Creationist Ken Ham Raised Enough Money After Bill Nye Debate to Build Noah's Ark

Ken Ham
Ham’s claim to fame is the Creation Museum in Kentucky, which features dioramas of dinosaurs and humans coexisting John Sommers II/Reuters

Creation Museum founder Ken Ham says he has raised enough money to begin building a 510-foot wooden "replica" of Noah's Ark, the Associated Press reported Thursday. Ham's evolution debate with Bill Nye turned into a fundraising bonanza for the young-Earth creationist, who says a $62 million municipal bond offering has raised enough to jumpstart his long-delayed Ark Encounter project, which is expected to cost about $73 million.

The "high-profile debate helped encourage more of our ministry friends to get involved in the past few weeks," Ham said in a news release Thursday.

"We praise our creator God for His blessings and for the incredible support we just witnessed from our generous supporters around the country," Ham said.

Nye told the AP that he was disappointed the project would go forward, and said he hoped it "goes out of business."

"If he builds that ark, it's my strong opinion, it's bad for the commonwealth of Kentucky and bad for scientists based in Kentucky and bad for the U.S.," Nye said. "And I'm not joking, bad for the world."

Ham's claim to fame is the Creation Museum in Kentucky, which features dioramas of dinosaurs and humans coexisting, and flow charts that tell the story of God's creation of the Earth. After completing the Creation Museum, Ham presented his plan to build a "full-size" Noah's Ark. In 2012, Kentucky Gov. Steve Beshear (D) proposed a $43 million tax break for the project. After a series of delays, Ham says his three-deck ark filled with animatronic animals will open in 2016.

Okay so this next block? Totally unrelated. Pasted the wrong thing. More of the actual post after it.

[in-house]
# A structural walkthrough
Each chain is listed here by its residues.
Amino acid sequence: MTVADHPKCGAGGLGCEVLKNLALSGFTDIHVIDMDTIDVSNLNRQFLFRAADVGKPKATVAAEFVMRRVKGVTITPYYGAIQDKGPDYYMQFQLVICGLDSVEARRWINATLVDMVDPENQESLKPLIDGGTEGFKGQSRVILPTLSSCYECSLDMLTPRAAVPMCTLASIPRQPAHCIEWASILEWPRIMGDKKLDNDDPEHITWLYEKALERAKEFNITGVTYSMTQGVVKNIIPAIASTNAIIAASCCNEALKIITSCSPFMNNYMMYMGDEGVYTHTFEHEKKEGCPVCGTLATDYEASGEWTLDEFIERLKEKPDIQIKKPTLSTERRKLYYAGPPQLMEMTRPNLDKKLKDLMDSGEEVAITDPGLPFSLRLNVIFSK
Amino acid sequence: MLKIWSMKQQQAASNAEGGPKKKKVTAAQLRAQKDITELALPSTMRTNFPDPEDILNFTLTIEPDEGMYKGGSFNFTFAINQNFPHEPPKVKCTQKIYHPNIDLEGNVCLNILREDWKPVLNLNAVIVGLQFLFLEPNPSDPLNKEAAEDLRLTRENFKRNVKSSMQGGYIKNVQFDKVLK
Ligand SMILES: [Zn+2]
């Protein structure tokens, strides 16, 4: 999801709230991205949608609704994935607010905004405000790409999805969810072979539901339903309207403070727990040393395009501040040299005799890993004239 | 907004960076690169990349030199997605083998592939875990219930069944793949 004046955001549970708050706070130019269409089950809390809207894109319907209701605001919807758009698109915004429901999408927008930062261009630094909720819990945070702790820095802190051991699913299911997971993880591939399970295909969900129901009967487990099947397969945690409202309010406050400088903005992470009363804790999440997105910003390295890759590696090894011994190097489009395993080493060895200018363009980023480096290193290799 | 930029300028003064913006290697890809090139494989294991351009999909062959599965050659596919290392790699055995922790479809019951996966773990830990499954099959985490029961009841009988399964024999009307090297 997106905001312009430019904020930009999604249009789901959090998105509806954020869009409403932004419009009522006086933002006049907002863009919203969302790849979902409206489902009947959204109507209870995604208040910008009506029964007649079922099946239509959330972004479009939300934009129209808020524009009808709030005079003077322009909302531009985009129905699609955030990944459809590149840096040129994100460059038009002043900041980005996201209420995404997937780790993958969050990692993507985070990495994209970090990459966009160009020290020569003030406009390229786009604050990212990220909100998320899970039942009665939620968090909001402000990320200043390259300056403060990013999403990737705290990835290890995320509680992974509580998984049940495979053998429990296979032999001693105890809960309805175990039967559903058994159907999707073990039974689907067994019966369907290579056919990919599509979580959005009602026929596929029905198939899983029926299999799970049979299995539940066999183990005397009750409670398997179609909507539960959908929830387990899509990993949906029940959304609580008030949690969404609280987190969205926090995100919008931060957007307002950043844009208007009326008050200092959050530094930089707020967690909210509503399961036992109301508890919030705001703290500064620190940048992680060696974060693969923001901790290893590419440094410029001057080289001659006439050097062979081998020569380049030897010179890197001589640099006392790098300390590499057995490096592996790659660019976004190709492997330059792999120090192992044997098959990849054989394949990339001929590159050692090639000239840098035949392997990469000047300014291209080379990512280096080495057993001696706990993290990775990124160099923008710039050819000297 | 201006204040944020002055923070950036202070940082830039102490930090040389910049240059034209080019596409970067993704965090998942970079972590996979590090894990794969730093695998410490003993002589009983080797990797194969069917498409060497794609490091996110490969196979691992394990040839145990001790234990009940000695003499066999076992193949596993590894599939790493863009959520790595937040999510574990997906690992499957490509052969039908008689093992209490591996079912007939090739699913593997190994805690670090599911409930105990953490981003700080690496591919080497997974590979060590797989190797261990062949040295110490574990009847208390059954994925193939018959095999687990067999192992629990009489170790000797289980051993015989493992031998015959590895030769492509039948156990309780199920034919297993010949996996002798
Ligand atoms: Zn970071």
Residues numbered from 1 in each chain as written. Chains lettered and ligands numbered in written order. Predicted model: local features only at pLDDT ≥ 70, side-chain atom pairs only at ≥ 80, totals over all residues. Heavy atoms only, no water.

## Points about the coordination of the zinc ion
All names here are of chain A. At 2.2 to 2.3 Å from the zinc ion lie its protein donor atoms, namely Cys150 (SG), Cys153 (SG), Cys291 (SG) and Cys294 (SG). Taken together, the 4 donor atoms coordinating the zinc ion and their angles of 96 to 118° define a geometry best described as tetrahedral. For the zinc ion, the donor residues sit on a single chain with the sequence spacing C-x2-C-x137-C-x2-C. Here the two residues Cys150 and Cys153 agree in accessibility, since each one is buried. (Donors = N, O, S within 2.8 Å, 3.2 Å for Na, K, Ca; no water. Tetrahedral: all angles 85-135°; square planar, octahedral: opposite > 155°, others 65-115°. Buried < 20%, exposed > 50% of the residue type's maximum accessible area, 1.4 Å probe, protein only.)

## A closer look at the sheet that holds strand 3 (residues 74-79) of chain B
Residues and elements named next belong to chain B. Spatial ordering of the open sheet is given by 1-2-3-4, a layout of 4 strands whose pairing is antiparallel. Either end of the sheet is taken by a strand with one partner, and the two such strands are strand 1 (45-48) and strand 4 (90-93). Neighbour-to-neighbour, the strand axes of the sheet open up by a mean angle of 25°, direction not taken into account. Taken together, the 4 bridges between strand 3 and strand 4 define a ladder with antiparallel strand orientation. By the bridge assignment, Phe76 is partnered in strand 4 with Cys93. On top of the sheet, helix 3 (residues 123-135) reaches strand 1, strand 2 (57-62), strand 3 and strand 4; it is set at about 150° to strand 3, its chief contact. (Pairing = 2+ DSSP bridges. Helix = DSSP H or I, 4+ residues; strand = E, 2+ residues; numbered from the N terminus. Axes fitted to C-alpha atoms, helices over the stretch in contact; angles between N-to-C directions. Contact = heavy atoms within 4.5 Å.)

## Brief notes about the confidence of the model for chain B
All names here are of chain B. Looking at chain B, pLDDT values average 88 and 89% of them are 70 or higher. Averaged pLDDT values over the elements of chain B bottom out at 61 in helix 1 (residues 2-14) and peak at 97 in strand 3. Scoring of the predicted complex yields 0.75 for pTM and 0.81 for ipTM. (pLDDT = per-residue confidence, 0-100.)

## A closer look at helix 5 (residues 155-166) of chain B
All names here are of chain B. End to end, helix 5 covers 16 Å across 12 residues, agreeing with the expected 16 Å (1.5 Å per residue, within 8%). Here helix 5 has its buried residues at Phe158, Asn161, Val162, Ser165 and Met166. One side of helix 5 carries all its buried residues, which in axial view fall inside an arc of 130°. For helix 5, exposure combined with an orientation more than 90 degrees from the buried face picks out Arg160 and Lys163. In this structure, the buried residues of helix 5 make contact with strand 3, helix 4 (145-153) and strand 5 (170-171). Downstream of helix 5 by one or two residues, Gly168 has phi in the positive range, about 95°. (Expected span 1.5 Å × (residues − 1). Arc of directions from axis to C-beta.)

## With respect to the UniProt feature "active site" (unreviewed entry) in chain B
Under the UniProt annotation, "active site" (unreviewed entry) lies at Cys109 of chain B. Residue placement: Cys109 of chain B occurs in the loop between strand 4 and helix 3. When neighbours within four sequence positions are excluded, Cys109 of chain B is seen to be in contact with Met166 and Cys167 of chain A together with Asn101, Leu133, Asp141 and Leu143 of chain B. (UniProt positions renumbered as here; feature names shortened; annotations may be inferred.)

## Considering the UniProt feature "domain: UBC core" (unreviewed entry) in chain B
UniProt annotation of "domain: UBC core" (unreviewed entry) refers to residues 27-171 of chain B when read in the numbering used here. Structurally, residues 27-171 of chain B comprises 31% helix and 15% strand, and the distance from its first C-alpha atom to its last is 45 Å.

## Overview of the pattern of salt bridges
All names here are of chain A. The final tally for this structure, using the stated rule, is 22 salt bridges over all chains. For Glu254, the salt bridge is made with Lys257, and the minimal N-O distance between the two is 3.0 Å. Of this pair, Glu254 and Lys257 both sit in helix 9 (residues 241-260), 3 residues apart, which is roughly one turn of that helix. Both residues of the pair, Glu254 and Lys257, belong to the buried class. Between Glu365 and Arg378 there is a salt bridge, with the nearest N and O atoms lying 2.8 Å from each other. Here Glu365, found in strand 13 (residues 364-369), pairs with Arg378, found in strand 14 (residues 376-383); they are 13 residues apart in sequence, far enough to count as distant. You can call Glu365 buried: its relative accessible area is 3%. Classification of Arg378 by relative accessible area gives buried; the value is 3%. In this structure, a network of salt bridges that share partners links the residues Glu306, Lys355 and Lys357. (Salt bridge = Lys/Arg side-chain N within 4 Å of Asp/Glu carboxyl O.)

Last year, Slate reported that Ham's Answers in Genesis ministry was attempting to raise money by selling risky private bonds. Ham also published a series of children's books, titled The Great Dinosaur Mystery Solved, Did Adam Have a Belly Button?, and My Creation Bible. Slate walks us through some of their plot lines:

A series of surreal illustrations features Adam and Eve feeding grapes to vegetarian dinosaurs while lions and cheetahs canoodle with an avaceratops. This herbivorous paradise is wrecked after Cain murders Abel. "Dinosaurs may have started eating other animals" at this point, Ham tells us, citing Genesis 6:13: "the earth was filled with violence."

Sadly, a combination of natural disasters and "people killing them for food or skins" spurred dinosaurs' recent extinction, a fact "fallible" scientists deny because "scientists, like everyone else, are sinners. Because of this, they don't want to believe. It has nothing to do with evidence." For promoting evolution (and thus denying God's word), Ham concludes, scientists will face "everlasting punishment."